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LAS VEGAS DAILY OPTIC, TUESDAY,. DECEMBER 15, 1914.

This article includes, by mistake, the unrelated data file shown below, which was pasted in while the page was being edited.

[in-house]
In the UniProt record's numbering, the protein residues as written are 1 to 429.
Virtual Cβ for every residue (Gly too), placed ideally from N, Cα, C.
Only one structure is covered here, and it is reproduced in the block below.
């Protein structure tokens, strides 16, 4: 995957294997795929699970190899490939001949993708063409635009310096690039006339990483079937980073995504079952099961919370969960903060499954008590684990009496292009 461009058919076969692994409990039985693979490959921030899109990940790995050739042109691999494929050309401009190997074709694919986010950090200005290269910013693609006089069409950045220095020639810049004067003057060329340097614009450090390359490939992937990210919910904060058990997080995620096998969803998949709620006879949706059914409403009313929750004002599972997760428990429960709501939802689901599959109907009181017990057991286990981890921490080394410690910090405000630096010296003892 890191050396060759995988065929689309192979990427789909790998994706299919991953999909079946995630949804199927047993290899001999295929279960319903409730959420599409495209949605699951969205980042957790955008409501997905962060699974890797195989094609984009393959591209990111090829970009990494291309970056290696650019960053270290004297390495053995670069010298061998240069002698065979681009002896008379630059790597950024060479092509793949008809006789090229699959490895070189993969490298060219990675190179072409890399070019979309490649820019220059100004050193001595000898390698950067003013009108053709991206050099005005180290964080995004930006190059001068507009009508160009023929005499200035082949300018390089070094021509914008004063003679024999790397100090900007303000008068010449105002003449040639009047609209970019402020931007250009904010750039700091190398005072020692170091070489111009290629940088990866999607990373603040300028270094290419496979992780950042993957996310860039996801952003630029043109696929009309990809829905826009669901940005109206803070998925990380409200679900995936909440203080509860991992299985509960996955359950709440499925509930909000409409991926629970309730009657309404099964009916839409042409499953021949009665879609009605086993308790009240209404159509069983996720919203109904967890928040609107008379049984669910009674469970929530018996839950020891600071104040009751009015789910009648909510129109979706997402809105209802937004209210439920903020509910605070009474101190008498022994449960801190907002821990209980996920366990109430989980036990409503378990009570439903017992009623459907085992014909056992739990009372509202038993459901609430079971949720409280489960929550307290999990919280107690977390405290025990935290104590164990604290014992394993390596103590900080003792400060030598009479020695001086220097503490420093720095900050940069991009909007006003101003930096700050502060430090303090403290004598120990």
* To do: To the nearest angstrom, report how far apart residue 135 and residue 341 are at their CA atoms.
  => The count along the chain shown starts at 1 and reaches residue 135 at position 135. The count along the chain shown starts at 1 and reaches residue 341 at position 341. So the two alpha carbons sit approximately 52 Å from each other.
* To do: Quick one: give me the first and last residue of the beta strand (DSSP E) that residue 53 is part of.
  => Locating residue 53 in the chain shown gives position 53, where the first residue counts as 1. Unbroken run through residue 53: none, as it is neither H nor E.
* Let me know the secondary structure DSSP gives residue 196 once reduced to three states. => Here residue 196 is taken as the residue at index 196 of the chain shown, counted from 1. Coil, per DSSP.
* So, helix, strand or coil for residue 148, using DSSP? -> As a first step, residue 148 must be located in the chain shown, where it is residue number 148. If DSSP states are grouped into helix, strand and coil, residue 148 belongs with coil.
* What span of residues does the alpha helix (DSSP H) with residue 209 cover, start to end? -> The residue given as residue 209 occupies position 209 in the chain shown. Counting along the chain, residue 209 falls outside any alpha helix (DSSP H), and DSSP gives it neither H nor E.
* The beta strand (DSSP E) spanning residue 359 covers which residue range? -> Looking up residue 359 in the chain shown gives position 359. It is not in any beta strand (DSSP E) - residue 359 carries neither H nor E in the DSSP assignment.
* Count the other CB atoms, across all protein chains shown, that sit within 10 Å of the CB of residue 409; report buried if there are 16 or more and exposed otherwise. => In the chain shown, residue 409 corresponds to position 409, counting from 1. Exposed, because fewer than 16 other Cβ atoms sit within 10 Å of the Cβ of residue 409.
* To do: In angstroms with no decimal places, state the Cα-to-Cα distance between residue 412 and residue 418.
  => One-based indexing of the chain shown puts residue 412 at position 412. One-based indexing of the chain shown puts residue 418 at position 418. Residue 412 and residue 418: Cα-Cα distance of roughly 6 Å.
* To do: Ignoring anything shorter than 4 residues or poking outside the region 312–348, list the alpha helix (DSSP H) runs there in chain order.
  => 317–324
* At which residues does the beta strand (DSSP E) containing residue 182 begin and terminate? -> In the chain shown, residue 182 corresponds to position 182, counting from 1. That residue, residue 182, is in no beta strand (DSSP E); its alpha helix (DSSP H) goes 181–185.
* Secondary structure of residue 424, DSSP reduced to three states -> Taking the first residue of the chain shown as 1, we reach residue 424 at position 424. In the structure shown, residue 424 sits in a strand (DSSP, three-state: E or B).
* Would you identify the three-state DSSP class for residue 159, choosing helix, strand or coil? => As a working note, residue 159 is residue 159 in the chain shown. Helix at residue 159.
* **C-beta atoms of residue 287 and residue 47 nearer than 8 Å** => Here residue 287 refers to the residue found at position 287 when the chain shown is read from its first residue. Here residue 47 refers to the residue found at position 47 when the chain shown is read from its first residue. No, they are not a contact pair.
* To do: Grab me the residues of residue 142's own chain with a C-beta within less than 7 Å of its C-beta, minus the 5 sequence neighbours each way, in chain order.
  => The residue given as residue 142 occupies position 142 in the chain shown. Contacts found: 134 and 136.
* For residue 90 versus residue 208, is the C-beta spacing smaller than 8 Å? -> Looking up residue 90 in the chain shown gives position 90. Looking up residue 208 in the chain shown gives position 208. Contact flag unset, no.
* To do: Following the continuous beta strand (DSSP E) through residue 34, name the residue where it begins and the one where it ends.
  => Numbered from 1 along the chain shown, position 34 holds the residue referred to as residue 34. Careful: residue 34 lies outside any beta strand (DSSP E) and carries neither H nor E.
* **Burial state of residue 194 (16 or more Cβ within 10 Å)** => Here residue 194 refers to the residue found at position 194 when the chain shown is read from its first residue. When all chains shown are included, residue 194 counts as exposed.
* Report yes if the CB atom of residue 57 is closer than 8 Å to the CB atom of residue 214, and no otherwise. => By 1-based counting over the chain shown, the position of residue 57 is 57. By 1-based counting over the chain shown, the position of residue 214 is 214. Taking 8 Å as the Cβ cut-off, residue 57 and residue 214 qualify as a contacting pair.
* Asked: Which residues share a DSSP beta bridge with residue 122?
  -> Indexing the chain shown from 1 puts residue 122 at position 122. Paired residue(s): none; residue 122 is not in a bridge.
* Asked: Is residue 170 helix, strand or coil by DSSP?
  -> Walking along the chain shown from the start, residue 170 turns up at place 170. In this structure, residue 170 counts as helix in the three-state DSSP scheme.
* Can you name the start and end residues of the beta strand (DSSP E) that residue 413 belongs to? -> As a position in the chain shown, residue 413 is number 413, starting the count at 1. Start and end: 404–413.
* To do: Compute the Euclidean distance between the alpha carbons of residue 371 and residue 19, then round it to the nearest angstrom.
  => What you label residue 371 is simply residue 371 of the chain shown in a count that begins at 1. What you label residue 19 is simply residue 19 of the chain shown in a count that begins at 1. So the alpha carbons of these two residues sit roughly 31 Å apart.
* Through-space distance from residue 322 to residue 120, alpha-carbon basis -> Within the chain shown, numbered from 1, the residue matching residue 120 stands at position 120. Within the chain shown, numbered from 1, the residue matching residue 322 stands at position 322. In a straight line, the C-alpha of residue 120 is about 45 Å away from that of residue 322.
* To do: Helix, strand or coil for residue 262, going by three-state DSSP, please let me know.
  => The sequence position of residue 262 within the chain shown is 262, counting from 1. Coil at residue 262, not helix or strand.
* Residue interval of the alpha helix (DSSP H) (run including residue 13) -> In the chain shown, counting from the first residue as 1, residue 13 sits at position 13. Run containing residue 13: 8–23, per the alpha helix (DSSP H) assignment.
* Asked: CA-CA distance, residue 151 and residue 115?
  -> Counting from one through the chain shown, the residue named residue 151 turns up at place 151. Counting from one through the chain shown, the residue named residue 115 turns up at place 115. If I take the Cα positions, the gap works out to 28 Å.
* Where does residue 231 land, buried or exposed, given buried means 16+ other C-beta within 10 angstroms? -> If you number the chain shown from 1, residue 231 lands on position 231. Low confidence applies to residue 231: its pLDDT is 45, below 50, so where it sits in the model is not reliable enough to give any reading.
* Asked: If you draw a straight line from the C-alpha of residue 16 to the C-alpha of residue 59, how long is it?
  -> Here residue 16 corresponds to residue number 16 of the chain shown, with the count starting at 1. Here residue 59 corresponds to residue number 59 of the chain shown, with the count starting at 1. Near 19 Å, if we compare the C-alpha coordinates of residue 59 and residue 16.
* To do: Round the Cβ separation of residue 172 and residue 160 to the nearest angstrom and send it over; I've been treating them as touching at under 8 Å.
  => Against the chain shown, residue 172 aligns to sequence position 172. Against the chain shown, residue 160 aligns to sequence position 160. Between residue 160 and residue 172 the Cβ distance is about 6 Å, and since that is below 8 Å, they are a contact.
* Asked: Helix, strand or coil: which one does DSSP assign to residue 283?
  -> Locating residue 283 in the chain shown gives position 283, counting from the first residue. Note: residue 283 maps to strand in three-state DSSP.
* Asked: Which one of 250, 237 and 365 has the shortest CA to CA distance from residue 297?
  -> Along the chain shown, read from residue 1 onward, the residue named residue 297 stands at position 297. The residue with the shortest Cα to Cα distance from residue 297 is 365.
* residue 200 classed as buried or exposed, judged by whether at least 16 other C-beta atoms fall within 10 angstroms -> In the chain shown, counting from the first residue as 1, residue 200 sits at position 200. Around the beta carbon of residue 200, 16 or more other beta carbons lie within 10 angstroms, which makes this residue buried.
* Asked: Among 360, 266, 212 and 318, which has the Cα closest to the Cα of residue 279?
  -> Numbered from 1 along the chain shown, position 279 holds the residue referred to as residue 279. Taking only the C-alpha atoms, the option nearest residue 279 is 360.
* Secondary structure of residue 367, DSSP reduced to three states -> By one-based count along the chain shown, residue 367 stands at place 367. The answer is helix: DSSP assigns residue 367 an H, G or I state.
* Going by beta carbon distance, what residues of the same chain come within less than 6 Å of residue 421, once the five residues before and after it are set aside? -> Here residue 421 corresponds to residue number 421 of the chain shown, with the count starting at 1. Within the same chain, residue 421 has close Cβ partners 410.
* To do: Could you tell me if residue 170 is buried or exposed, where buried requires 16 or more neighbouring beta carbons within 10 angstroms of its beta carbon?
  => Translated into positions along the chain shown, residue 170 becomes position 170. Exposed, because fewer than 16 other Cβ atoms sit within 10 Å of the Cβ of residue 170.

0 i WING to an. over stock of mercKandise we are compeU'd to use this method to reduce our stock; We will give you 25 per cent Discount on All Men's and Boys hi ; Yy AN, ! r " u ' P M ; I j i . HI : 1 ft" VI ' TR AGO SALE OPENS Dec. 15th Writer Who Outdid Poo in Horror a Victim of Mexico (By Bailey Millard War has blotted out another bright life that of Ambrose Bierce, a unique figure in American literature whose vivid army tales and keen satirical papers and poems stamped him as one of the most original and versatile of writers. Bierce was a master of Eng lish, as even his most ephemeral work will show, and technically none could touch him. He corrected Kipling, and Howells, and in hia critical essays he showed where many other famous au thors failed in their ' facts or their diction. He wrote the ' most grue some, most harrowing, the most ter rible tales ever published in this coun try. Some of his poems were of rare strength and (beauty.' His "Invoca tion" Is said to have been the real In- inn nf ..Klnlinfr'a "IUGRS!oTial." and In this Instance newspaper men have pulled the deadly parallel to the supposed confusion of the famous Englishman. Bierce led a most remarkable life- half hermit, half Bohemian, and alto gether egotistical and cynical. In the west he was the most hated and fear ed of writers, and also the most court ed and spoiled. He lampooned near ly everybody in political and private life with hair raising audacity. As the dean of Pacific coast letters he made and unmade authors and poets. The dilettante worshipped him. He has been called "the American Swift" "the last of the satisirlsts," and "the Mau passant of the west." He was an iconoclast of the first order. When Villa rose against Huerta and the constitutionalists rushed to arms, Bierce, who was a northern captain in the civil war and was brevetted tnaior for exceptional gallantry, went to Mexico and joined the staff of the doughty general. After the battle of Torreon he was missing and has not been heard from since. . There is so little doubt of his death that his friends and relatives have given up searching for him and mourn him as 0:3 1:;;7 C:iv 13 Lcrli's It' vawvi Every tiny Infant makes life's per- speotive wider and brighter. And what- !prlnt. He thought nothing of Crucl ever there la to enhance its arrival and ' , , , . , T4 vj to ease and comfort the expectant mother ; fying a popular Idol. anyooay should be given j attention. . Among the j wrote about war, for example, he was real helpful things fs an external ab- .. . . . , . ,. domlnal application known as "Mother's 'pretty sure to be challenged by Bierce, Friend." There Is scarcely a community wn0 was deeply versed In army af but what has its enthusiastic admirer of t, , . . . . VA , mi.,, this splendid embrocation, it is so well .fairs, not only having been a military thought of by women who know that most engineer with General Thomas, but drug stores throughout the United States . . . . 4l, ..a n, carry "Mother's Friend" as one of their having the whole theory and practice staple and reliable remedies. It is applied , to the abdominal muscles to relieve the Strain on ligaments and tendons. Those who have used It refer to the aae and comfort experienced during the HcTyenX refer to the absence of nausea, often so prevalent as a result of ; the natural expansion. In a little book are described more fully the many reasons why "Mother's Friend" has been a friend indeed to women with timely hints, sug gestions and helps for ready reference. It should be in all' homes. "Mother's Friend" may he bad of almost any druggist, but if you fall to find It write us direct and also write for book to Bradlleld Regulator Cft. 4Q3 J.aioar Hldg., Atlouta, Ca. in New York Times) lost. His publisher, the Neale com pany, which was paying him royalties on his collected works, cannot reach him with its checks or letters of in quiry, and neither his daughter, Mrs. 11. D. Cowden of Bloomington, 111., nor his secretary, Miss Carrie Chris tiansen of Washington, with each of whom he corresponded regularly, has had any word from him for nine months. . At the time he joined Villa he was 72 years old. His friends unite in saying that if he were alive he would not have left them so long in sus pense. There has been a report from San Francisco that on leaving that city for Mexico ho was very despond ent, and that he was1 going back to his old game of war because he. Jacked the courage to commit suicide. There is another rumor that he actually did efface himself In Sonora. Neither of these stories deserves credence. I knew the man well. He was a fatalist and did not believe In assisting fate. There are those who affect to believe that he is letting the reports of his death go uncontradict ed that he may enjoy the reading of his obituaries. But I should say that this were very unlikely. Vain he was, and not a little curious as to what men thought of him, but not so vain cr so curious as that. Ambrose Bierce had a peculiarly anomalous position in the world of letters. The public, seeking out the best sellers, was little acquainted with his writings. This was partly for the reason strange as it may seem that he despised popularity and all that the world stands for. This was not merely from the desire to be dif ferent, but for the reason that he 1'" ed and thought entirely out of the grnve. Like Thoreau, he held "men and their dirty institutions" in utter contempt. He would have lit his ci gar with a t age of Emerson and would have" Thrown Longfellow into the as-h can, , Ho wculd never defer in the slight est to the literary or philosophical opinions of his fellows, cared nothing for what they might say of his per sonal conduct, however slnguar or of fensive, and though he committed many breaches cf custom and gave many affronts, he never apologized. Probably Bierce was more widely known in the west than In the east, although he lived and worked on the Atlantic side during his best period of production. He made no friends among the literati, and was constant- VT finding iauit witn mem in puuuo 0f modern warfare at his finger's ends, There is no doubt that to Bierce, as a member of General Villa's staff, the 0We DOt ft littlQ 01 their success, Bierce, who was of NeW England parentage, was In Ohio when the civil war began. He enlisted for the north in 1861, while in his twenty-first year. Because of his marked ability and great bravery as a soldier he rose ra pidly from the ranks, and In the -minrB. cnm mm at WE ALSO I Forty Dozen Fifty Cent Neck Ties at 25 Cto. Etagft I All new up to date Ties Reversible and Flowing Ends. course of time became a captain of 'Infantry. He was wonded at Cliicka ' manga, the scene of one of his most vividly written and most horrible tales. Of the end of this battle he says in his journal: Had the confederates marie one more general attack we should have had to meet them with the bayonet alone. I don't know why they did not; probably they were short of am munition. I know, though, that while the sun was taking itn own time to set we lived through the agony of at least one death each, waiting for them to come on. At last it grew too dark to fight. Then away to our left and rear some of Bragg's peole set up "the rebel yell." It was taken up successively and passed around to our front, along our right and in behind us again un til it seemed almost to have got to the point whence it started. It was the ugliest sound that any mortal ever heard even a mortal exhausted and unnerved by two days of hard fighting without sleep, without rest and without hope. There was how ever. 'a space somewhere at the back of us across which that horrible yell did not prolong itself, and through that we finally retired in profound silence and dejection unmolested, i After the war, irom which he emerged as Major Bierce, he flipped a coin to see whether he would go in for literature or a military career. Literature won and he began to write essays and stories. The year 1870 found him in London in the brilliant set of which Tom Hood was leader. There he sent forth such poignant shafts of ridicule of men and institu tions as to earn for him the Bobriquet of "Bitter Bierce." On returning to America, Bierce went west. In 1880 he was manager for a mining company In the Black Hills, where he had some desperate adventures with bad men, chiefly highwaymen. Later he was employed as a writer by Frederick Marriott of the San Francisco News-Letter. Here he was given a free hand, and in his pungent paragraphs he attacked every body, high and low, and soon made a name for himself all over the west HEAR DEATH BY Sf.iOTHERIIIG But IlaskaJ, Willi Air of Culm, Effects Her Delirerance. Draper, N C Mrs. Helen Dalton, cf fliis place, says: "1 suffered for years, with pains in my left side, and would often almost smotner to death. Medicines patched me ud for awhile but then 1 would get worse again. Final ly, my husband decided he wanted me to try Cardui, the woman's tonic, so he bought me a bottle and I began using it It did me more good than all the medi cines I had taken. I have induced many ot my friends ta Ery Cardui, and they all say they have Been benefited by its use. There never iias been, and never will be, a medicine to compare with Cardui. 1 believe it is i good medicine for all womanly trou i!es." v v. For over 50 Tears. Cardui has been re- leving woman's sufferings and building weak women up to health and strength. If you are a woman, give tt a fair trial t should surely help you, as it has a nillion others. Get a botUe of Cardui to-day. WHtt to: Chsttsnoofa Medlclns Co, Ladles Idfisory DsC Chaltanoos. Tenn., fjr Sfciai imtruciimi on your use and M-pag book, "Moms rrestmatior Wamso." in plain wraucsr. B.C. lit HAVE FOR as the most vitriolic satirist of hia day. When his book "Tales of Soldiers and Civilians" was published In the later '80s it was pounced upon by re viewers, who declared it to be more harrowing than Poe; but at the same time the style was recognized as that of a master. "A Son of the Gods," one of the stories in this book, Is fair ly representative. A young officer whose division is halted at the edge of a wood to spare the lives of the skirmishers rides forward alone to the crest of a bare bridge, to make the enemy disclose himself. He then rides on In a storm of rifle fire. The dust drifts away. Incredible! That enchanted horse and rider have passed a ravine and are climbing an other slope to unveil another con spiracy of silence, to thwart the will of another armed host Another mo ment and that crest too, is in erup tion. The horea rears and strikes the air with his forefeet They are down at last But look again the man has detached himself from tho dead artfc mal. He stands erect, motionless. holding hia saber in his right hand. straight above his head. His face is toward us. Now he lowers his hand to a level with his face and moves it outward, the blade of the saber de scribing a downward curve. It is a sign to us, to the world, to posterity; It is a hero's salute to death and his tory I Again the spell is broken. Our men attempt to cheer; they are choking with emotion; they utter hoarse, dis cordant cries; they, clutch their wea pons and press tumultuously forward Into the open. The skirmishers, with out orders, against orders, are going forward at a keen run, like hounds unleashed. In the end, of course, the young hero is slain, but the inspiration of his deed leads his comrades to vic tory. In his next volume of tales, "Can Such Things Be?" Bierce appeared as the most distinctive exponent of the supernatural and terrible the world has ever seen in literature. You may search Poe through and never find such riotous imagination as is reveal ed in "The Damned Thing," "Moxon's Master," and "The Middle Toe of the Right Foot." Bierce was ever a fighter, in civic life as in war. The bitterest of all his journalistic battles was waged against Coilis P. Huntington, who in 1896 was conduct ing a powerful lobby at Washington to pass his refunding bill, releasing him and bis associates of the Central Pacific railroad from their obligations to the government Bierce went to Washington. A newspaper man said to Huntington, "Bierce is in town." "How much does he want?" cynical ly asked Huntington.' The remark was reported to Bierce. "Please go tack and tell him," said that Journalist, "that my price la 73 milltion dollars. If when he is ready to pay I happen to be out of town he may hand it to my friend, the treas urer of the United States." -This 75 million dollars was the amount claimed by the government from the Central Pacific. Huntington was defeated and the money was paid into the treasury. To Bierce was given much of the credit for the successful campaign made against the great railroad man. FAMOUS TENDERLOIN CLOSED San Francisco, Calif., Deo. 15. The red light abatement law goes into ef fect today, and the famous tenderloin THIS SALE section of the Golden Gate la no more. The keeera of the resorts were noti fied that the law would be rigidly en forced, and the police will get busy if the resorts are not all out of busi ness today. It is believed that the dive keepers will accept the inevitable for there has been a grand moving out during the past week, many of the re sort keepers going to other cities. Beat For Kidneys Says Doctor Dr. J. T. It. Neal, Greenville, So. Car., says that in his 30 years of ex perience he has found ho preparation for the kidneys equal to Foley Kidney Pills. In 50c and $1.00 sizes. Best you can buy for ' backache, ' rheumatism, kidney and bladder ailments. O. G. Schaefer and Red Cross Drug Store. AdT. , "SELF DENIAL" DAY" , Baltimore, Dec., " 15.Today has been set apart by the council as "Self Denial Day," and In accordance wltU the spirit of the occasion, cigars, soda. Pr 1 0 o W&j J f XUv 1 D , - """" J(f i 0 ilU " ' S i o a- 1?? . i The Las -Vegas' light -and Power Comrr.nv candy, and other luxuries are tabooed by most of the Baltimore citizens. The fund for the relief ot the city's poor and unemployed will be increased by many thousands of dollars before nightfall Mayor J. IL Preston is heading the work of raising the fund. and has found a hearty response. Wheezing! n the lungs indicates that phlegm Is obstructing the ajr pas sages. BALLARD'S HOREHOTJND SYRUP loosens the phlegm so that it can be coughed up and ejected. Price 25e, SOc and $1.00 per bottle. Sold by Central Drug Co. Adv. EXHIBIT OF PAINTINGS Washington, Dec. 15. The Corcor an Gallery of Art today opened its fifth biennial exhibit of paintings from the brushes of American art ists. Liberal orizes. donated Senator William A, Clark of Montr ana, are to be awarded, together with .the Corcoran medals. In addition to the awards, the Orccraa fund will n u n Copyright Hilt Schiffner it Marl f 1 SALE CLOSES Dec. 24th be parti utilized tbia year In the purchas3 of the test American palct ings. Interest among American artists ia very keen, and the best productions have been gathered for the display, which will be on daily exhibition until January 24. The art Jury that win decide the winners Is composed of Edward W. Redfield, chairman. Ed- m'md C. Tarbell, Ralph Clarkson, Rob ert Henri and Erail Carlsen. The first prize is $2,000 in cash and th Hmv coran gold medal, and there are three other prizes. Checks Croup Instantly You know croup is aangeronus. And you ought to know too, the sense ot security that comes from having Fo ley's Honey and Tar Compound in the house. It cuts the thick mucus and clears away the phlegm, stops the strangling cough and gives easy breathing and quiet sleep. Every us- er ts a friend. O. G. Schaefer at! Bed Cross Drug Store. AdT. 0K if